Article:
yes, I am a tourist February 2009

2

new india tourism slogans February 2009
3 comments

3

a city is not a city February 2009
4 comments

4

Sikkim/Imsikk February 2009

5

About November 2008
11 comments

poems, abnormality, puppetry & reviews

What do those four words have in common?  In the best blogging tradition – me. 

October’s been a huge month.  I’ve been adjusting to a new job, ten hours a week (2.5 hrs x 4 days) at a medical library.  Plus, planning and preparing for the tour of the Australian Poetry Omnibus Mobile Library – which included a trip up the Maldon Folk Festival (a fantastic, vibrant, daggy, rain-enduring festival).  And I’ve also been preparing my application for Masters of Arts (Creative Writing) at the University of Melbourne.  If the door’s open (and if there’s a pile of scholarship money awaiting), I’ll be researching and writing about how unusual/abnormal bodies make themselves known through contemporary poetry.  Any thoughts on this topic would be hugely appreciated – from any angle – theoretical, poetic, personal, political, etc…

This week – I’m performing at La Mama Theatre in Carlton – that wonderful, iconic, intimate theatre venue.  They do a series of short seasons for experimental works-in-progress called “Explorations“.  I’m performing an adaptation of my poem “9/10/1973 M3”, called “Ambiguous Mirrors” – it’s a puppetry and poetry collaboration with Rachael Wenona Guy.  Details below.  An edited clip of an earlier version is here on You Tube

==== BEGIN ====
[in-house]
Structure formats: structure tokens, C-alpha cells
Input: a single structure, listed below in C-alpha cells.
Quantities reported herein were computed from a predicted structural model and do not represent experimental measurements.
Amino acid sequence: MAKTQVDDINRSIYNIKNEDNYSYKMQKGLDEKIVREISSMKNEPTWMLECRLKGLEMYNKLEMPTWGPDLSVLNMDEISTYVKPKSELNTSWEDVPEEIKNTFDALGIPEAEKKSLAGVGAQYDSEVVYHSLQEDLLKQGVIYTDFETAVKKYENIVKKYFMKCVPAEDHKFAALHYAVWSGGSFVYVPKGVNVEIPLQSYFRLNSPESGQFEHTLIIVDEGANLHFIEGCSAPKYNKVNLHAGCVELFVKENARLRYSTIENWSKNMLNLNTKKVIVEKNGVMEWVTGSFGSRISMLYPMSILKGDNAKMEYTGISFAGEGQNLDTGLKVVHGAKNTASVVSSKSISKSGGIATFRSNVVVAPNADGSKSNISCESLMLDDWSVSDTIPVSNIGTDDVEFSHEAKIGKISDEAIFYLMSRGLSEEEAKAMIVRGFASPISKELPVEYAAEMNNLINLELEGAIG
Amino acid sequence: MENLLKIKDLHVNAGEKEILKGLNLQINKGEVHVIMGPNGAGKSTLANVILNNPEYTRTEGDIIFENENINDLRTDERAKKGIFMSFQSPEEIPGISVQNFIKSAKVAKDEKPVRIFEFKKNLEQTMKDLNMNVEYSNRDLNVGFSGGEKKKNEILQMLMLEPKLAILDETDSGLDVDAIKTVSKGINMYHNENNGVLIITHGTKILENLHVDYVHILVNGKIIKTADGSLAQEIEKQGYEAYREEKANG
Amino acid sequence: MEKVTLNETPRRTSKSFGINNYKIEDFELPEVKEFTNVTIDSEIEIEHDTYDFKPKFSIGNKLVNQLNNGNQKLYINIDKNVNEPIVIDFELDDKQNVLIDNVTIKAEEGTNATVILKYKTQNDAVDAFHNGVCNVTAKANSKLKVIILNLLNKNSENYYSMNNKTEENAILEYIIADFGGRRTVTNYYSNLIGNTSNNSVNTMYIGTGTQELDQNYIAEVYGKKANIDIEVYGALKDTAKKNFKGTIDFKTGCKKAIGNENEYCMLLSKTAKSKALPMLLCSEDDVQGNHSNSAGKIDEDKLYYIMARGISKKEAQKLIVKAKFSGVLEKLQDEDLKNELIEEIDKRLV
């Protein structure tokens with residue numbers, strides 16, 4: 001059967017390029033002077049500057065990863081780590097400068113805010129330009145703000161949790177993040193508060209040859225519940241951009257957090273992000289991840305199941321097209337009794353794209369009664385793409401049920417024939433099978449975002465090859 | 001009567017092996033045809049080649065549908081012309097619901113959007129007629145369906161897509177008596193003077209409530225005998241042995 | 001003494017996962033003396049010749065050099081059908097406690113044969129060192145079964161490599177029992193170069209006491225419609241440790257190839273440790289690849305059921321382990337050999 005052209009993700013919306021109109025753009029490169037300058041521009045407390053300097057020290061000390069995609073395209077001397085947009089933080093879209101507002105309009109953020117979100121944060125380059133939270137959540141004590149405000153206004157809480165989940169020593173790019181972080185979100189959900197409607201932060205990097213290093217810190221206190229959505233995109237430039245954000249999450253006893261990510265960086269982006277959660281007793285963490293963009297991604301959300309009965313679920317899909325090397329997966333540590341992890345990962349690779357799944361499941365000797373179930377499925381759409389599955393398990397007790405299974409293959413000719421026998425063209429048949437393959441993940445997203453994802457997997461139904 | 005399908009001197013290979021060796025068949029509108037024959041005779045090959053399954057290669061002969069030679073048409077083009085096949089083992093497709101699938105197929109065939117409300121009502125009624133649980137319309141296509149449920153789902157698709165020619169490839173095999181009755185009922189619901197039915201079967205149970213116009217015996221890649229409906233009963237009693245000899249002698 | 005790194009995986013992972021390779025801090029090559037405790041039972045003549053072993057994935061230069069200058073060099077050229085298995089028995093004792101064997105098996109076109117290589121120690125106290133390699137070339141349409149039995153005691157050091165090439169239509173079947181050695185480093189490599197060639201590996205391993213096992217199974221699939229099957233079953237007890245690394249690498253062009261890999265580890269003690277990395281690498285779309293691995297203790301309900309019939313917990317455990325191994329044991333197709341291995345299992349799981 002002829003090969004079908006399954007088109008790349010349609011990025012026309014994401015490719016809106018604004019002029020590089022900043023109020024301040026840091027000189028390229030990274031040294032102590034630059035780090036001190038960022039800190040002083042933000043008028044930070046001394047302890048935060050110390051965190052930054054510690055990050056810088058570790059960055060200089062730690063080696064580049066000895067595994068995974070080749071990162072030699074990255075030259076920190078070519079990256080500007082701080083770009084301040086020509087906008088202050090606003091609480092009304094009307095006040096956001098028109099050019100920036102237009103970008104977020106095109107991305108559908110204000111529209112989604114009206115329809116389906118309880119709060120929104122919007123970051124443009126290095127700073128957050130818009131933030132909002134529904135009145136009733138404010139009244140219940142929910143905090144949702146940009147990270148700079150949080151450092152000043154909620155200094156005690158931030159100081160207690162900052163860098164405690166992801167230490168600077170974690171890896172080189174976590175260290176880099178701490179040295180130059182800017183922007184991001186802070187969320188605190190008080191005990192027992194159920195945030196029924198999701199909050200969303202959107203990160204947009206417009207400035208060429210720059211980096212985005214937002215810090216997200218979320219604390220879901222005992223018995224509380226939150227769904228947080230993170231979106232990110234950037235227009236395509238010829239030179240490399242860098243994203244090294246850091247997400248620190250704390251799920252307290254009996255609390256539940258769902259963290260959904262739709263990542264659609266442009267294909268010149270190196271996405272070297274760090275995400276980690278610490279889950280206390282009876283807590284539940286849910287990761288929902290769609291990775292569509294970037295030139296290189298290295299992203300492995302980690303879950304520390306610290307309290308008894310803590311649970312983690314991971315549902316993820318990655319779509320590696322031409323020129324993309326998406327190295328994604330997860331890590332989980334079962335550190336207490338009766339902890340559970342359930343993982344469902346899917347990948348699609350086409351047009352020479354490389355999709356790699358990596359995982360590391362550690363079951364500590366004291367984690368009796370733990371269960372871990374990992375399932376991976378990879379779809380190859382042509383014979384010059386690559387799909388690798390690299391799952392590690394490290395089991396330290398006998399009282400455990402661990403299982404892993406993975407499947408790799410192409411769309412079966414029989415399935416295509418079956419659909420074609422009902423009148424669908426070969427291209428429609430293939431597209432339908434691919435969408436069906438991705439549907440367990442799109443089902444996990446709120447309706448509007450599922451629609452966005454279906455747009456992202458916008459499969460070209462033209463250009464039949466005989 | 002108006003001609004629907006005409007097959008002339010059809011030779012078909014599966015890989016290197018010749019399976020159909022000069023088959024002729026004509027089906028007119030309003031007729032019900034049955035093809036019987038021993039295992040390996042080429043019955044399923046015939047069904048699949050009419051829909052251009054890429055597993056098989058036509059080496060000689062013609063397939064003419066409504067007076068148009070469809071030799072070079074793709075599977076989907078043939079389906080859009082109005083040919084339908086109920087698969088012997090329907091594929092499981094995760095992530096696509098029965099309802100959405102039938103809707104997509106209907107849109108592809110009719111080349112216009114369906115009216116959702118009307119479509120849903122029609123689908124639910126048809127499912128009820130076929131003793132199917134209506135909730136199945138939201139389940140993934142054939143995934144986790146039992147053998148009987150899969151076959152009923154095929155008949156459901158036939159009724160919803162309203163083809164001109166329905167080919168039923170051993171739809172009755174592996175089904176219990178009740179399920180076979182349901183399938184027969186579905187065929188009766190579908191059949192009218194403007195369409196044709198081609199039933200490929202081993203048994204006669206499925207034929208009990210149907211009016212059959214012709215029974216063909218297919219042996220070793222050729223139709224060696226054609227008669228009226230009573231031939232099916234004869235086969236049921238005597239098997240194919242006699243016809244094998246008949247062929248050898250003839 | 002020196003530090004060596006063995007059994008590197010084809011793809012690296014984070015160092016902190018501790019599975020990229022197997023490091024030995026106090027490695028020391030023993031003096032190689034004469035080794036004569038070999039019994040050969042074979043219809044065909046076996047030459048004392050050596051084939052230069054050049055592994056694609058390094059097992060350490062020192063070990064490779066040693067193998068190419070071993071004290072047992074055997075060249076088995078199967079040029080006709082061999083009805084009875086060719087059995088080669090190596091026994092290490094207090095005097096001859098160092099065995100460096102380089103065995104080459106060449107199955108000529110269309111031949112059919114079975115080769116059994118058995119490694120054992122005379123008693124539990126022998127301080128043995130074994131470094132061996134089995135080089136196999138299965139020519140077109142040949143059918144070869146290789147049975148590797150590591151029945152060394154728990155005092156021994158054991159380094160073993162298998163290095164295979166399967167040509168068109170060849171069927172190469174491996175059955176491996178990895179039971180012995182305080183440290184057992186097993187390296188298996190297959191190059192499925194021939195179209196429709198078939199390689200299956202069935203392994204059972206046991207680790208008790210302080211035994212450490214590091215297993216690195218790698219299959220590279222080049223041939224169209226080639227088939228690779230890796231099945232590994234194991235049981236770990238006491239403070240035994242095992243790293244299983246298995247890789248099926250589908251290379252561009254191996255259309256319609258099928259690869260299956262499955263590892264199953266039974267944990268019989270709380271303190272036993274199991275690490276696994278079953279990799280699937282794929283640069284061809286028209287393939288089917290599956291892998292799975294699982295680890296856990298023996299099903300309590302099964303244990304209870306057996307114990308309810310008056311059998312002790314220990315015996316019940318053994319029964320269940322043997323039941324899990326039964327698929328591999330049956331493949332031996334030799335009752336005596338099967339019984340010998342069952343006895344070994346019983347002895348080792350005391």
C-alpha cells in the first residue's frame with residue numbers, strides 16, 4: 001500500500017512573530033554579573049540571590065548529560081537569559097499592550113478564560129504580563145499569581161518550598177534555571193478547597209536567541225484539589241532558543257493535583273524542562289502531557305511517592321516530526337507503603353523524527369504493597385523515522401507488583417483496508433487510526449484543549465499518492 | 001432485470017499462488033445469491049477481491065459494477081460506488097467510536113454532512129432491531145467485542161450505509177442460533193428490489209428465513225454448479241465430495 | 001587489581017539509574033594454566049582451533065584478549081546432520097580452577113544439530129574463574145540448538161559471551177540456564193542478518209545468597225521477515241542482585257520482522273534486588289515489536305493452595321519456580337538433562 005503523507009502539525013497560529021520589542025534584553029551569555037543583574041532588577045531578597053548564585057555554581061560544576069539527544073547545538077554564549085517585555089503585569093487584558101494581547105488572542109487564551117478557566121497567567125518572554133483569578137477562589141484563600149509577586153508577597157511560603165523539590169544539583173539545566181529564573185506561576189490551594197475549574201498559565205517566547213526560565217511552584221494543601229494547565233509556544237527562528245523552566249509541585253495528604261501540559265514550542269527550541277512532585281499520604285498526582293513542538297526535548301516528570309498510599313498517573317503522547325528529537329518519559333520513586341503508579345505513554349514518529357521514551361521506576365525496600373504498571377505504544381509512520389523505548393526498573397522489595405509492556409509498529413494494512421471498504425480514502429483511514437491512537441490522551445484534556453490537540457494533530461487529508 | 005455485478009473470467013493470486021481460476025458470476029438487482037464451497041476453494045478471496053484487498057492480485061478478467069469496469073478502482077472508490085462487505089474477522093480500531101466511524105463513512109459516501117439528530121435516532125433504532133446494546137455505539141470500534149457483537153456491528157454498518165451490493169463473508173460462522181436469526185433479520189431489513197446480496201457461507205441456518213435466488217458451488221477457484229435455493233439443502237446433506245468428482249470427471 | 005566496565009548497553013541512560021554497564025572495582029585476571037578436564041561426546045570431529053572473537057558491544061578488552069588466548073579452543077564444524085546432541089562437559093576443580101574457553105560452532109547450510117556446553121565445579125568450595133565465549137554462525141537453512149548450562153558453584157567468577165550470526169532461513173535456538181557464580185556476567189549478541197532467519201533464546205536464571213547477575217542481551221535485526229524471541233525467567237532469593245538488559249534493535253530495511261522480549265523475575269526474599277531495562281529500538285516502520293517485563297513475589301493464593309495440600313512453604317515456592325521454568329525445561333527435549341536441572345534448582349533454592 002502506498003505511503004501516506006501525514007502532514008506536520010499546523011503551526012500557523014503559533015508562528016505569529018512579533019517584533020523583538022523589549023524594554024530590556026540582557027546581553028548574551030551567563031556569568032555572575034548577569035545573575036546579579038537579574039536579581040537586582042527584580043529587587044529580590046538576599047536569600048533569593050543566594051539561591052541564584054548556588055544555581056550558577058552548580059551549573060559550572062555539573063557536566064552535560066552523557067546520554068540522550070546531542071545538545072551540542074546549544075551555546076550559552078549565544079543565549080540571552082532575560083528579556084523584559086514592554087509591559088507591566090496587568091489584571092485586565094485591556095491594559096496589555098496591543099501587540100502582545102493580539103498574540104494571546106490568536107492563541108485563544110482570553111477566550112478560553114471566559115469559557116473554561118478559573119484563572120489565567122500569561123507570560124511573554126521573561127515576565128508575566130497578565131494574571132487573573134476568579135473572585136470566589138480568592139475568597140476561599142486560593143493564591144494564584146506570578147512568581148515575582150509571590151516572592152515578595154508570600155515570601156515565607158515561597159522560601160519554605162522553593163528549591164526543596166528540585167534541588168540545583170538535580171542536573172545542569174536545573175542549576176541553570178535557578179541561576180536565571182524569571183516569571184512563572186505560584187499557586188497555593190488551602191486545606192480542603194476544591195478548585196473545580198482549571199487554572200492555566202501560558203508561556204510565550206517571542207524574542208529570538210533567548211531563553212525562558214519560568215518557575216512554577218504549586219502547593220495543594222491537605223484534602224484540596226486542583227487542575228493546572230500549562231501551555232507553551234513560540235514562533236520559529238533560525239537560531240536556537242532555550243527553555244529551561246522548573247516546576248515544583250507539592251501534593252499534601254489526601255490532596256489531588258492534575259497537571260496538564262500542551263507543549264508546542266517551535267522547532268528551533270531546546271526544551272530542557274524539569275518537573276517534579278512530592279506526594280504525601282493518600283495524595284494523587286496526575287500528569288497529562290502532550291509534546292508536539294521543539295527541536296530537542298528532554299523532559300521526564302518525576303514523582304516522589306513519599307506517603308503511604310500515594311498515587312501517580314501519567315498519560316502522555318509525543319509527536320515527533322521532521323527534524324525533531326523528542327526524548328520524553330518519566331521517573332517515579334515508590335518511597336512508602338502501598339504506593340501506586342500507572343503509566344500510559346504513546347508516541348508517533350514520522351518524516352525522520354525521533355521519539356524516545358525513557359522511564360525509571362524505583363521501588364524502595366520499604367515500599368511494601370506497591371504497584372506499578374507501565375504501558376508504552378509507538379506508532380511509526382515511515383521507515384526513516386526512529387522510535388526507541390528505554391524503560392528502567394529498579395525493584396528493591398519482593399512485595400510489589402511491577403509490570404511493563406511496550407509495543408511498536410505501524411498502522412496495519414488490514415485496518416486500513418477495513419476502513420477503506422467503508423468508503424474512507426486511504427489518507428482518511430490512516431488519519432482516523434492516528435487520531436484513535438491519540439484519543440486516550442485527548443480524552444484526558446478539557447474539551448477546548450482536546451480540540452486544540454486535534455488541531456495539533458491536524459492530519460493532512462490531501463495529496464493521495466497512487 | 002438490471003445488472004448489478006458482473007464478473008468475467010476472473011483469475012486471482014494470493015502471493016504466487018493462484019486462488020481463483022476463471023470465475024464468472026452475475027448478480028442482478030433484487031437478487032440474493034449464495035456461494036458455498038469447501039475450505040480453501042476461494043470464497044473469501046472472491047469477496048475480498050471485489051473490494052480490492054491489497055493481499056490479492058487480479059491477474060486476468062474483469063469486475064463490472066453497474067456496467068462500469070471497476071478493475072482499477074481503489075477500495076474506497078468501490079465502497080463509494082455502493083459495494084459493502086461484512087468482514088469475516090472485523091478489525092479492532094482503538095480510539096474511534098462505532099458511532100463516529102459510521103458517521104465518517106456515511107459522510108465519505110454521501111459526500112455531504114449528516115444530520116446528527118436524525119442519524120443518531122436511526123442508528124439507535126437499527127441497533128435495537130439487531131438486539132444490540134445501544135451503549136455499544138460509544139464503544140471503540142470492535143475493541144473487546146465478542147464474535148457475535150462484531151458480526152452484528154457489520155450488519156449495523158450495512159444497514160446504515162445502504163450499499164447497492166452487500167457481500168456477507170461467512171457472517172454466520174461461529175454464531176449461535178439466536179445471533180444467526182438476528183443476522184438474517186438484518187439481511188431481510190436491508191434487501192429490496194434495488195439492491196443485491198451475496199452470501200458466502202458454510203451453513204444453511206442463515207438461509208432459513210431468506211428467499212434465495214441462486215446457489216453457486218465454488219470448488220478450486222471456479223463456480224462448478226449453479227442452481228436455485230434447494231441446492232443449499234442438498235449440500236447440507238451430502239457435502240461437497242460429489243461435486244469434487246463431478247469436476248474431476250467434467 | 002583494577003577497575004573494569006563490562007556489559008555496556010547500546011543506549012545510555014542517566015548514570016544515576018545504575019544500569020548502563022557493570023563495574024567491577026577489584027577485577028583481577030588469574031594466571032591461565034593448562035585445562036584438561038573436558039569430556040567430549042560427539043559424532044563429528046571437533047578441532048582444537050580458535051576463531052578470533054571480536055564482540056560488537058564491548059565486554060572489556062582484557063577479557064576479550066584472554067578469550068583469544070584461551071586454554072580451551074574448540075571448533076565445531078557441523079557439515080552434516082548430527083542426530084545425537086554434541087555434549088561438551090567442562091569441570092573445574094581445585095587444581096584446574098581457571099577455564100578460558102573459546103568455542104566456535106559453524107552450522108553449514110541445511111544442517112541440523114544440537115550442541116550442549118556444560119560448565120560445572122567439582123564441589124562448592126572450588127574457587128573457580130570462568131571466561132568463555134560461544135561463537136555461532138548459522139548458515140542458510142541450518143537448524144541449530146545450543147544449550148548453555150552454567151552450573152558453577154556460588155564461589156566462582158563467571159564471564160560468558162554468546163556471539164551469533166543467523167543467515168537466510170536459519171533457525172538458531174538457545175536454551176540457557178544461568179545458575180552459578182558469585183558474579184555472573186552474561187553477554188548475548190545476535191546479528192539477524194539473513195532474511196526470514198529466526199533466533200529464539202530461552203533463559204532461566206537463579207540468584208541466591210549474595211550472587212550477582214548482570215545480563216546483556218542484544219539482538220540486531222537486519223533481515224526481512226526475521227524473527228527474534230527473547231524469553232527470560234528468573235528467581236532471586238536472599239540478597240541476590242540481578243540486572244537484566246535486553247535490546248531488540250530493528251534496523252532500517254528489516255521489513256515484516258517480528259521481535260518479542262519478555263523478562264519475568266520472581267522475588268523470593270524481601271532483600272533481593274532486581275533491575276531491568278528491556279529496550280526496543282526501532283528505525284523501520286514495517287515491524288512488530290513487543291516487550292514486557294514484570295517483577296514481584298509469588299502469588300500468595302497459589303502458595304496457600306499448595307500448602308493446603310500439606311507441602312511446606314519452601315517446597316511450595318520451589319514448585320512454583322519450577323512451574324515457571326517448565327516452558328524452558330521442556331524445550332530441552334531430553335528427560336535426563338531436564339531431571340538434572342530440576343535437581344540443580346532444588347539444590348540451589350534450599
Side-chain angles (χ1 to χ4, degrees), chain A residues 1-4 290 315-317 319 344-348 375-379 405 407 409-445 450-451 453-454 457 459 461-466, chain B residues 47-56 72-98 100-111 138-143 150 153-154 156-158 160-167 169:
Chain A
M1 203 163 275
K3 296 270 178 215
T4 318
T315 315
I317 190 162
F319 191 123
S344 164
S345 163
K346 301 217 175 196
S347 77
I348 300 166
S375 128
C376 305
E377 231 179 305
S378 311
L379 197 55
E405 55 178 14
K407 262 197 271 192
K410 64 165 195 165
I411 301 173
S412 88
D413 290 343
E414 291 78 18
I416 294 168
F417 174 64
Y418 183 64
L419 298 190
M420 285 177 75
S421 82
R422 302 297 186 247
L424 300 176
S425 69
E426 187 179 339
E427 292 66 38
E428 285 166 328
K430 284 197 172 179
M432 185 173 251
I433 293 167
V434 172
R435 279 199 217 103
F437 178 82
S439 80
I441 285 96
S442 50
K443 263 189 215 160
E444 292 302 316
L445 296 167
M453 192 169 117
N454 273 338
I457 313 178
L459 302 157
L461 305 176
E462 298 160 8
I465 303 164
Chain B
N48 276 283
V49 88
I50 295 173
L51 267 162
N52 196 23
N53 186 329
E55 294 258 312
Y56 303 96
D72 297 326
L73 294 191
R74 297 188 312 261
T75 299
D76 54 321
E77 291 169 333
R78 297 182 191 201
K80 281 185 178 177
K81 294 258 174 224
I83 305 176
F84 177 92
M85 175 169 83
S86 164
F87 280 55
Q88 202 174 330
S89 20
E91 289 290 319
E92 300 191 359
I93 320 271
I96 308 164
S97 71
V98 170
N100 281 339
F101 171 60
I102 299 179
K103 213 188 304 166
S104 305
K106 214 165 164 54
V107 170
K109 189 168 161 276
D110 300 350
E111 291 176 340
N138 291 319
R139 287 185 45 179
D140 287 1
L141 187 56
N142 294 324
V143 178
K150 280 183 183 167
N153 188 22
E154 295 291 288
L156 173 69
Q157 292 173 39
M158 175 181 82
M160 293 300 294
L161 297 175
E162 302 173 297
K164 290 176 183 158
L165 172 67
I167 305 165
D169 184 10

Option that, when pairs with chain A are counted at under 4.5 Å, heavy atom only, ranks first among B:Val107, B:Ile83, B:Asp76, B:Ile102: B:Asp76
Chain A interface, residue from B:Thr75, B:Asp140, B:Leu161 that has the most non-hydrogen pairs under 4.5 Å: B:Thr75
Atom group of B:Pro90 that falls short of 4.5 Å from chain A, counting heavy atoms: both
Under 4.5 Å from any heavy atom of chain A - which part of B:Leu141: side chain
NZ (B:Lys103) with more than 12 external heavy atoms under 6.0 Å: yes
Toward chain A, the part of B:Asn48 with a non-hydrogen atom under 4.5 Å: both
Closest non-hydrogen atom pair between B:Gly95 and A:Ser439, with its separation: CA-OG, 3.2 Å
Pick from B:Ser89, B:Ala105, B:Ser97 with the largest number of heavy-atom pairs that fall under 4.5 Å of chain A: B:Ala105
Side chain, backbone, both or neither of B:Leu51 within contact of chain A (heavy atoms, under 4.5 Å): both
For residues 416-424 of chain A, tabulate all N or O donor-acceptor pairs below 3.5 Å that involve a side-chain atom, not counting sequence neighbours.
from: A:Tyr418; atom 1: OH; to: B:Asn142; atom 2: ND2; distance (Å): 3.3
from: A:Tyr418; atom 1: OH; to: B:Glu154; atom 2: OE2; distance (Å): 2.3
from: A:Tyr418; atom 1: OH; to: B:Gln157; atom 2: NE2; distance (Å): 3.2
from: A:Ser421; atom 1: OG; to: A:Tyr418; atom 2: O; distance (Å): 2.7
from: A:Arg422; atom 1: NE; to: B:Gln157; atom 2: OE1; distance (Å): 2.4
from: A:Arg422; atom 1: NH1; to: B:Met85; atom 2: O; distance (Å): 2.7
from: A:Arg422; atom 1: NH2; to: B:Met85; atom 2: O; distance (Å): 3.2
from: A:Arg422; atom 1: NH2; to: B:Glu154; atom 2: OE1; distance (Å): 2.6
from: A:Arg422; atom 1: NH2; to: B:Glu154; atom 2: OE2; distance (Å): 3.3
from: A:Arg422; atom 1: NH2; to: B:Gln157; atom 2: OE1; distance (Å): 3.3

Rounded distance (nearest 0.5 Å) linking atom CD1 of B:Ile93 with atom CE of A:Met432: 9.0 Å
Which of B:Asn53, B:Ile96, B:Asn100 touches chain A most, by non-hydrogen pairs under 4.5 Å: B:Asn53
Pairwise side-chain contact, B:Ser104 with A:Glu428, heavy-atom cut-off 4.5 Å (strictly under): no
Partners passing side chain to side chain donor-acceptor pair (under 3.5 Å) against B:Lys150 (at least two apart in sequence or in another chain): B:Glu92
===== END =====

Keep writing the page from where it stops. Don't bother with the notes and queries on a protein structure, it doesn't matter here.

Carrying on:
• Ambiguous Mirrors (in a double with Home Stretch, by Tom Davies)
  • @ La Mama Theatre, 205 Faraday St Carlton
  • Thursday 11th, Friday 12th & Saturday 13th @ 7.30pm
  • Bookings on-line or on 03 9347 6142.

Also, now that my book “Among the Regulars” has been out for a while…  how does anyone get reviewed?  Is this because reviews are rarely published?  Is it because people write more than they read?  Do we just not have much of a reviewing culture?

thanks to a founding member of the Australian Communist Party

As some of you know, I’ve been, as the euphemism goes, “between jobs”. Nine months after finishing a post-graduate course, I’d lost count of the number of positions I’d applied for, I’d been to about a dozen interviews and been knocked back in many varied polite and complimentary ways. What I’d wanted was to have interesting part-time work that would leave me with enough energy and time to write. All I had so far was time. And, perhaps paradoxically, I wasn’t doing much writing.

I did have something to look forward to, though.  A four-week residency in Perth.

When I arrived at the Katharine Susannah Prichard Writers Centre, it was dark and one part of me was still in the plane, another still in Melbourne. This clean, simple room was to be my home for four weeks. I went for a walk – found suburban mansions, barking dogs and a rushing freeway. But, with a healthy dose of disorientation making things seem a little super-real, I also started to find my feet, and the start of a first poem.